LONG, Richard Godolphin (1761-1835), of Rood Ashton, Wilts.
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Family and Education
b. 2 Oct. 1761, 1st s. of Richard Long of Rood Ashton by Meliora, da. of Sir John Lambe of Coulston, wid. of Joseph Polden of Imber. educ. M. Temple 1780. m. 28 Mar. 1786, Florentina, da. of Sir Bourchier Wrey†, 6th Bt., of Tawstock, Devon, 2s. 4da. suc. fa. 1787.
Sheriff, Wilts. 1794-5; capt. Wilts. yeomanry 1794, maj. 1805, lt.-col. 1817.
Mr Richard Long of Rood Ashton was a fox-hunting country squire, without any other qualifications to be a Member of Parliament than that of belonging to an ancient family of the county, in fact, he was proverbially a man of very inferior knowledge, remarkable only for being a stupid country squire, who, although a sportsman, scarcely knew how to address his tenants on his health being drunk on a rent day.
Thus a hostile witness, Henry Hunt of Chisenbury, who criticized the choice of Long to replace Ambrose Goddard as county Member in 1806. Hunt addressed the freeholders to the effect that Long ‘was to be foisted upon the county by an arrangement made between two clubs, without consulting the freeholders’ and that he owed his return to ‘his uncle’s long purse’ (i.e. John Long of Monkton Farleigh). Despite this, Sir John Methuen Poore of Rushall claimed that Long was ‘not a favourite’ of the club junto, ‘but at the time of his election they could not maintain their scheme to bring in their man’.1 In any case, he retained the seat unopposed.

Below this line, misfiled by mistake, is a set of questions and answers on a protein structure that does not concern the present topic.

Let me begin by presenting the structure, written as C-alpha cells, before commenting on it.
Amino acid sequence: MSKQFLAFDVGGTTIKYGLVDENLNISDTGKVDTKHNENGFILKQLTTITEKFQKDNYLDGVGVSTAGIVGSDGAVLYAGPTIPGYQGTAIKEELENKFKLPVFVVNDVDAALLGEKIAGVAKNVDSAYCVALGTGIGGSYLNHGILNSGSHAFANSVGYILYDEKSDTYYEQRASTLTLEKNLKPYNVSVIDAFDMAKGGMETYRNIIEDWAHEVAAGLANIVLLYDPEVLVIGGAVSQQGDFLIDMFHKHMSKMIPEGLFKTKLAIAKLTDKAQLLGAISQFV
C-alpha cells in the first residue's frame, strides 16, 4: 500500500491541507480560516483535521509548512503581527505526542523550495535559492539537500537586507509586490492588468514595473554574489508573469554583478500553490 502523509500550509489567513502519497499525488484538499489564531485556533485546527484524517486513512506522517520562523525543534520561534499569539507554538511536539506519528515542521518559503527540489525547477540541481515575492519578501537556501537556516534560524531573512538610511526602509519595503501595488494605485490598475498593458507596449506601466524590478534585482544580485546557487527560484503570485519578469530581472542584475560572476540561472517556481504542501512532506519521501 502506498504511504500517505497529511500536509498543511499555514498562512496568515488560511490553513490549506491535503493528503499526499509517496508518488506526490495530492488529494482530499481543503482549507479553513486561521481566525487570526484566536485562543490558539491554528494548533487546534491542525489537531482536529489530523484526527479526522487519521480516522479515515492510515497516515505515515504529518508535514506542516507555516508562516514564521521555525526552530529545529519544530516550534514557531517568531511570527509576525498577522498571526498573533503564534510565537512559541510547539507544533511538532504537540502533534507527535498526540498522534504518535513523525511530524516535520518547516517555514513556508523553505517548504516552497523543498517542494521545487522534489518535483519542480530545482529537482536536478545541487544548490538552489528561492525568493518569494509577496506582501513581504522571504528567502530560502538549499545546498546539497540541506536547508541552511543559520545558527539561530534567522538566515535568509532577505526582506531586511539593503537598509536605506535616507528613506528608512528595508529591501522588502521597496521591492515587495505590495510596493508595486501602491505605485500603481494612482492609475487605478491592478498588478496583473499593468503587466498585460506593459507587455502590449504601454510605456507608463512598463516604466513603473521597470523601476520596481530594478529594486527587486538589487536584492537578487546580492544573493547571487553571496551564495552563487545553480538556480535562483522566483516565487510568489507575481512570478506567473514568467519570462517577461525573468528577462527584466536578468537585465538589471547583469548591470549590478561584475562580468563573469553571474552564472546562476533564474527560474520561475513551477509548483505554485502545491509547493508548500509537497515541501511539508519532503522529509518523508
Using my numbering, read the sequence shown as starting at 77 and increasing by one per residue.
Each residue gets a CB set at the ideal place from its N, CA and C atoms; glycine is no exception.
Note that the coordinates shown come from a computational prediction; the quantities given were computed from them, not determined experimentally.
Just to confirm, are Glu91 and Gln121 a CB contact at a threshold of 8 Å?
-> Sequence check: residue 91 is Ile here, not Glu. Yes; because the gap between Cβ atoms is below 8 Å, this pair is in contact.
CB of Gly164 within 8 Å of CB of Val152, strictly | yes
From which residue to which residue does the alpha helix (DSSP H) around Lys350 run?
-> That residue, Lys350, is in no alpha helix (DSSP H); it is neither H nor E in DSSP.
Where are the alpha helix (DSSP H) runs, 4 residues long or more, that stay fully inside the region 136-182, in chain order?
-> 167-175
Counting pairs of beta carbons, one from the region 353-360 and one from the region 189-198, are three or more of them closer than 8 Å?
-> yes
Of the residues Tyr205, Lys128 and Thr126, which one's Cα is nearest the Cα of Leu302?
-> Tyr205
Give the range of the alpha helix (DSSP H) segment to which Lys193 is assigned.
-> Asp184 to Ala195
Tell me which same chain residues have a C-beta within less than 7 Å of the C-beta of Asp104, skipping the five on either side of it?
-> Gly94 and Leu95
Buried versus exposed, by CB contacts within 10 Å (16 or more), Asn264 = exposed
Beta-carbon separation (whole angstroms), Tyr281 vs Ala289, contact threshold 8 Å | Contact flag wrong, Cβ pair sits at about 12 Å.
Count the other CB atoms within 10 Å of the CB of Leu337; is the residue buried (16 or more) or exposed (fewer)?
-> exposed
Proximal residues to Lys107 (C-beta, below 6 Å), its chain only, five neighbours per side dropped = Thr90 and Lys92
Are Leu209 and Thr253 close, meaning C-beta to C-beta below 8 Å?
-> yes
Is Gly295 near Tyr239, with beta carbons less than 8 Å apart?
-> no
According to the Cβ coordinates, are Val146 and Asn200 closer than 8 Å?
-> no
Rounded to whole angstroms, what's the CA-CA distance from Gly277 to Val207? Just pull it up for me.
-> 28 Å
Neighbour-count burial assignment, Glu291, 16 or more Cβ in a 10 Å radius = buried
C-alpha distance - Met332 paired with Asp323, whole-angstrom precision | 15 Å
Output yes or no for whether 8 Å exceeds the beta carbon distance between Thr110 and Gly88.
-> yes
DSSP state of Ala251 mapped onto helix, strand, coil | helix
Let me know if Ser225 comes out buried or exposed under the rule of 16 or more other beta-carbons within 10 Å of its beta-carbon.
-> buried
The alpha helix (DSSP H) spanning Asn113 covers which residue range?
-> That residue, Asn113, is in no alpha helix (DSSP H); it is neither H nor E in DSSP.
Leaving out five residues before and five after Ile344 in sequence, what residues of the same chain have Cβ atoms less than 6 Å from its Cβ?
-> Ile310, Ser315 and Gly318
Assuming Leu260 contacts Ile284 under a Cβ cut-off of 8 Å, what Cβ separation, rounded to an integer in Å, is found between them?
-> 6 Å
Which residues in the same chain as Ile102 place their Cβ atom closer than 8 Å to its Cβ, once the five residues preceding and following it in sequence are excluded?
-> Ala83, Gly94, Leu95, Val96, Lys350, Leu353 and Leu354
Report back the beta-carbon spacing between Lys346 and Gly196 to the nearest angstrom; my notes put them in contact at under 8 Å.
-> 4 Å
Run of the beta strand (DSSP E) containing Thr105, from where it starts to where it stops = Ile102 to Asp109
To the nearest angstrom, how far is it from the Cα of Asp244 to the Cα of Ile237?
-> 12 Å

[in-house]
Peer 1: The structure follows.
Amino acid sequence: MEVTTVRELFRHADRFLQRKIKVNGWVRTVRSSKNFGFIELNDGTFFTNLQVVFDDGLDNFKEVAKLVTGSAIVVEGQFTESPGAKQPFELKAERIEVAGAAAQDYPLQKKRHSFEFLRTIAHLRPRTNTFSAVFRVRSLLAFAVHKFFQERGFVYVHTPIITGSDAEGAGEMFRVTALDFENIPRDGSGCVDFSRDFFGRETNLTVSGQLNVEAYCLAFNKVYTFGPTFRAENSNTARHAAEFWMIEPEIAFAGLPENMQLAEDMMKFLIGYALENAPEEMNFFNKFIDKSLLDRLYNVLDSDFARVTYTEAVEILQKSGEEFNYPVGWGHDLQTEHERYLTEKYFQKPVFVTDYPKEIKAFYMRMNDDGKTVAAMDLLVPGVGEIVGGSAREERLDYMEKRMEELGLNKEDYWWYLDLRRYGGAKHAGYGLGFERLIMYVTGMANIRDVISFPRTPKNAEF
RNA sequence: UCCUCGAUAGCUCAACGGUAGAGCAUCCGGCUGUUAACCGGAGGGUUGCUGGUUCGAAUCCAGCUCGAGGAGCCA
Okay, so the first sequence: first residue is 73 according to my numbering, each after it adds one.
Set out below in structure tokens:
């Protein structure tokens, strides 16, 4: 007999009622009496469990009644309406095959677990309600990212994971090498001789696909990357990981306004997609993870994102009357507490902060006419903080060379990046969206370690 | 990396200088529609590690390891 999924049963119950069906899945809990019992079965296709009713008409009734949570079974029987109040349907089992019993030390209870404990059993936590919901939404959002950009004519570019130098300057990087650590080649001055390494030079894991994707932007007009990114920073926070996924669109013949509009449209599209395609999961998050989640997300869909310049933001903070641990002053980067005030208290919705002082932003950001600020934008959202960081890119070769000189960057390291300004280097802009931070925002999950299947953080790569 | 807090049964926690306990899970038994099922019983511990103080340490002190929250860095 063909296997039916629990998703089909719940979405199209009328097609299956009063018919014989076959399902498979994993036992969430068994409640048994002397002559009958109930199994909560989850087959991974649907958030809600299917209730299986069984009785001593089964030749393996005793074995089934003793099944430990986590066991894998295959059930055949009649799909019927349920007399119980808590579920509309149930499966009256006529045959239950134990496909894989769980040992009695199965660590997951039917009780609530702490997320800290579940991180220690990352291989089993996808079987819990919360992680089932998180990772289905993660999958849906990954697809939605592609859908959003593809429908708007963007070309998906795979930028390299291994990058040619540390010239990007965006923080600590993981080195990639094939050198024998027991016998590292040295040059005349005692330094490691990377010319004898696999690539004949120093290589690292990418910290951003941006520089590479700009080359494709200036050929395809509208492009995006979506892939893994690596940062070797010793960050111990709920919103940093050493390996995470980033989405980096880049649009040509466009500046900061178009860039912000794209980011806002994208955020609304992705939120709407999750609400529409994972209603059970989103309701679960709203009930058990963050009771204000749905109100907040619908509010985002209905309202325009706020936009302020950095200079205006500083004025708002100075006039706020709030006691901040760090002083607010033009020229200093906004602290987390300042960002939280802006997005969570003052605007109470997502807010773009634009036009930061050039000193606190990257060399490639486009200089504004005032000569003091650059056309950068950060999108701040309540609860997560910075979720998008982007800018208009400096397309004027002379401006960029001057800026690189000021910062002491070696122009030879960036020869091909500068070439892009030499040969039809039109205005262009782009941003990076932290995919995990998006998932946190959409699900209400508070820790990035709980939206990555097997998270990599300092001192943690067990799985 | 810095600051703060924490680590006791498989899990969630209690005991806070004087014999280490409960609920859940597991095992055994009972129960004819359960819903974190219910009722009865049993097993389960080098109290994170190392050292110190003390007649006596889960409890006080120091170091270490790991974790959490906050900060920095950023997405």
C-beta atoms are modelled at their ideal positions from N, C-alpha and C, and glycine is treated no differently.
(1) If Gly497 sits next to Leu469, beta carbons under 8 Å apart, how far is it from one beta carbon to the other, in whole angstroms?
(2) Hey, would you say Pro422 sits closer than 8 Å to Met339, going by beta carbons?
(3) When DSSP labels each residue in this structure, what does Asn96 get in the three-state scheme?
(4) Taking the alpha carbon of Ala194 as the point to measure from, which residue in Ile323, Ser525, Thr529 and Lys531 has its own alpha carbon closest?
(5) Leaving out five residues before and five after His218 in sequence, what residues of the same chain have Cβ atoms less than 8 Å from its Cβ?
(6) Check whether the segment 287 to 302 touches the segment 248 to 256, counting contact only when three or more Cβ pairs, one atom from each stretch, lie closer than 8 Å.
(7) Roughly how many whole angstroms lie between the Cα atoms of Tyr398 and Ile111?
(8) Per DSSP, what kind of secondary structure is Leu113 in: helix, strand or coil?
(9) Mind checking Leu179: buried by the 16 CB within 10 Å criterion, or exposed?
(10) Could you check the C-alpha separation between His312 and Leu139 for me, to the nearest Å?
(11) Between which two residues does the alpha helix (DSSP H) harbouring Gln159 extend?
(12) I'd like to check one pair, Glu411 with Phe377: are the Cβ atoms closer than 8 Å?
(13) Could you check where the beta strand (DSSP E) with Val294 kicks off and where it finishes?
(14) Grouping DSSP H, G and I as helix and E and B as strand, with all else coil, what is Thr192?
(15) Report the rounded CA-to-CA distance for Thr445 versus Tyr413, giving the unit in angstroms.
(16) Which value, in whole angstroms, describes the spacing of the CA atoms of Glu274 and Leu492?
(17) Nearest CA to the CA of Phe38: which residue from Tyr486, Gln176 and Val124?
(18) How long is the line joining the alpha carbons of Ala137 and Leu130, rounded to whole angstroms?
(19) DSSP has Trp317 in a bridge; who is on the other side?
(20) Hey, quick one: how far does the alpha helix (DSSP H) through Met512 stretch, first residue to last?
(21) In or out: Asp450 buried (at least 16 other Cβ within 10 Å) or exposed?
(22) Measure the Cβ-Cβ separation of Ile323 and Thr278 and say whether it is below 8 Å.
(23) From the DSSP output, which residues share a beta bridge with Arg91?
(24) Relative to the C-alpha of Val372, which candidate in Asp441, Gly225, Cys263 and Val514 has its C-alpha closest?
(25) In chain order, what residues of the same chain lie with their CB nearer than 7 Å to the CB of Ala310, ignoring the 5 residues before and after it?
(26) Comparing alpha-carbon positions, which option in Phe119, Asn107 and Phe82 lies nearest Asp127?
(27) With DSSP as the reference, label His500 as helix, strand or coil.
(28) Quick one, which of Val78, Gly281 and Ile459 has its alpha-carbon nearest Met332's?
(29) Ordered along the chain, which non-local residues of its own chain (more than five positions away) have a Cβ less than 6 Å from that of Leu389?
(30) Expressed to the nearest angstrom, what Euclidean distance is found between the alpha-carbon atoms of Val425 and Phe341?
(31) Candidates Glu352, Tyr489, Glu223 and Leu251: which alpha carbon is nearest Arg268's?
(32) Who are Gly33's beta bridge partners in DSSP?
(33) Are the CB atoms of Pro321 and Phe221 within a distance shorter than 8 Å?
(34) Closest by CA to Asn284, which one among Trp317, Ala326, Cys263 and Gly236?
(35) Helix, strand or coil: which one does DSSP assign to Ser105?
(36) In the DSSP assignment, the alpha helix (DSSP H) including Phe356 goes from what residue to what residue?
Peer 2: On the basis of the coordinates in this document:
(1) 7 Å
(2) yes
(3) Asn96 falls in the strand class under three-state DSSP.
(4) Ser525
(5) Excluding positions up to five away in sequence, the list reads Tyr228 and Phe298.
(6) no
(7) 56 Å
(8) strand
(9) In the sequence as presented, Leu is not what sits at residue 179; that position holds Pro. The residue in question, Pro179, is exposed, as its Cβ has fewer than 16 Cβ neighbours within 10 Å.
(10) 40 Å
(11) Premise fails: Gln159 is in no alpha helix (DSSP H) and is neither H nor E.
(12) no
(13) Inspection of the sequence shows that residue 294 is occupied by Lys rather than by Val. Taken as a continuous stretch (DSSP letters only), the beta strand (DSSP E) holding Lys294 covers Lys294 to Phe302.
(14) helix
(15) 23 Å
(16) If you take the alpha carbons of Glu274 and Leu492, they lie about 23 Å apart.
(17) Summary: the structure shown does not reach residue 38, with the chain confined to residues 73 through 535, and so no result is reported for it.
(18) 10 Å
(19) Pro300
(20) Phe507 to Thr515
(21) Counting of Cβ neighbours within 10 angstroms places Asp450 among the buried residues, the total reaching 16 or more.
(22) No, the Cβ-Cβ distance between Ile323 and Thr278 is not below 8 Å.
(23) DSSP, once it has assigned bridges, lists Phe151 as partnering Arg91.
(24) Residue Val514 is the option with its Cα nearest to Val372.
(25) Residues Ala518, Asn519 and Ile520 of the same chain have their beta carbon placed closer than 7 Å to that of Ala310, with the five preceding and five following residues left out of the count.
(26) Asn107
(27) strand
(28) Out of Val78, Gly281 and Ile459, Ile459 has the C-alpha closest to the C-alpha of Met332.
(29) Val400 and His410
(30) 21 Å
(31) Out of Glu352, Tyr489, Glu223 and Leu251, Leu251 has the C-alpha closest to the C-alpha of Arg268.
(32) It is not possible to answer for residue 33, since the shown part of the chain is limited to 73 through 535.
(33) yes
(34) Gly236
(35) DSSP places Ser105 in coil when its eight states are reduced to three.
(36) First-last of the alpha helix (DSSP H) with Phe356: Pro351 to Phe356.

Long’s conduct in Parliament was independent, though only one speech by him is reported. On 13 Feb. 1807 he voted against the Grenville ministry on the Hampshire election petition. No further minority vote is known until 1810; early in January he was reported to have declared himself strongly against the ministry2 and after voting with them on the address, 23 Jan., he voted against them on the Scheldt expedition, 5 and 30 Mar.; against Burdett’s imprisonment, 5 Apr., and for Brand’s motion for parliamentary reform on 21 May. The Whigs were ‘hopeful’ of him. He was in the opposition majority on the Regency amendment, 1 Jan. 1811, and likewise on the sinecures bill, 4 May 1812. He opposed the Catholic claims, 2 Mar. 1813 (being absent ill on the other divisions that session) and 21 May 1816. He was listed a friend of government after 1812, but they still could not count on him. Thus after a month’s leave of absence for illness from 19 Mar. 1816, he was in their majority against a select committee on the civil list, 6 May, but on 7 May intended to vote with opposition for a committee on retrenchment and on 24 May did so against the civil list bill. His last known minority vote, Feb. 1817, was for Ridley’s motion on the lords of Admiralty.
Long announced his retirement from Parliament on 20 Feb. 1818; as this threatened to produce a contest, he professed his willingness to resign before the dissolution to preserve the peace, but found no encouragement to do so.3 When his colleague Methuen, with whom he had come to terms in 1812 to discourage opposition in the county, asked for his support and that of his son Walter (later Member for Wiltshire North), the latter replied that any hasty promise of his father’s must be qualified, since their friends believed that
as long as he contrives to be the Member for the county, he should not appear to take any conspicuous part in canvassing for any candidate, as it is precisely in opposition to the principles on which he was brought into Parliament, and any act of mine would be considered the same as if he did it himself.
Long did in fact support Methuen and Pole Tylney Long Wellesley, much to the indignation of the third candidate’s wife Mrs Lucy Benett, who would have it that Long was ‘that old fox ... who has been the cause of all this trouble’.4 Long died 1 July 1835, ‘after a lingering and distressing illness’.5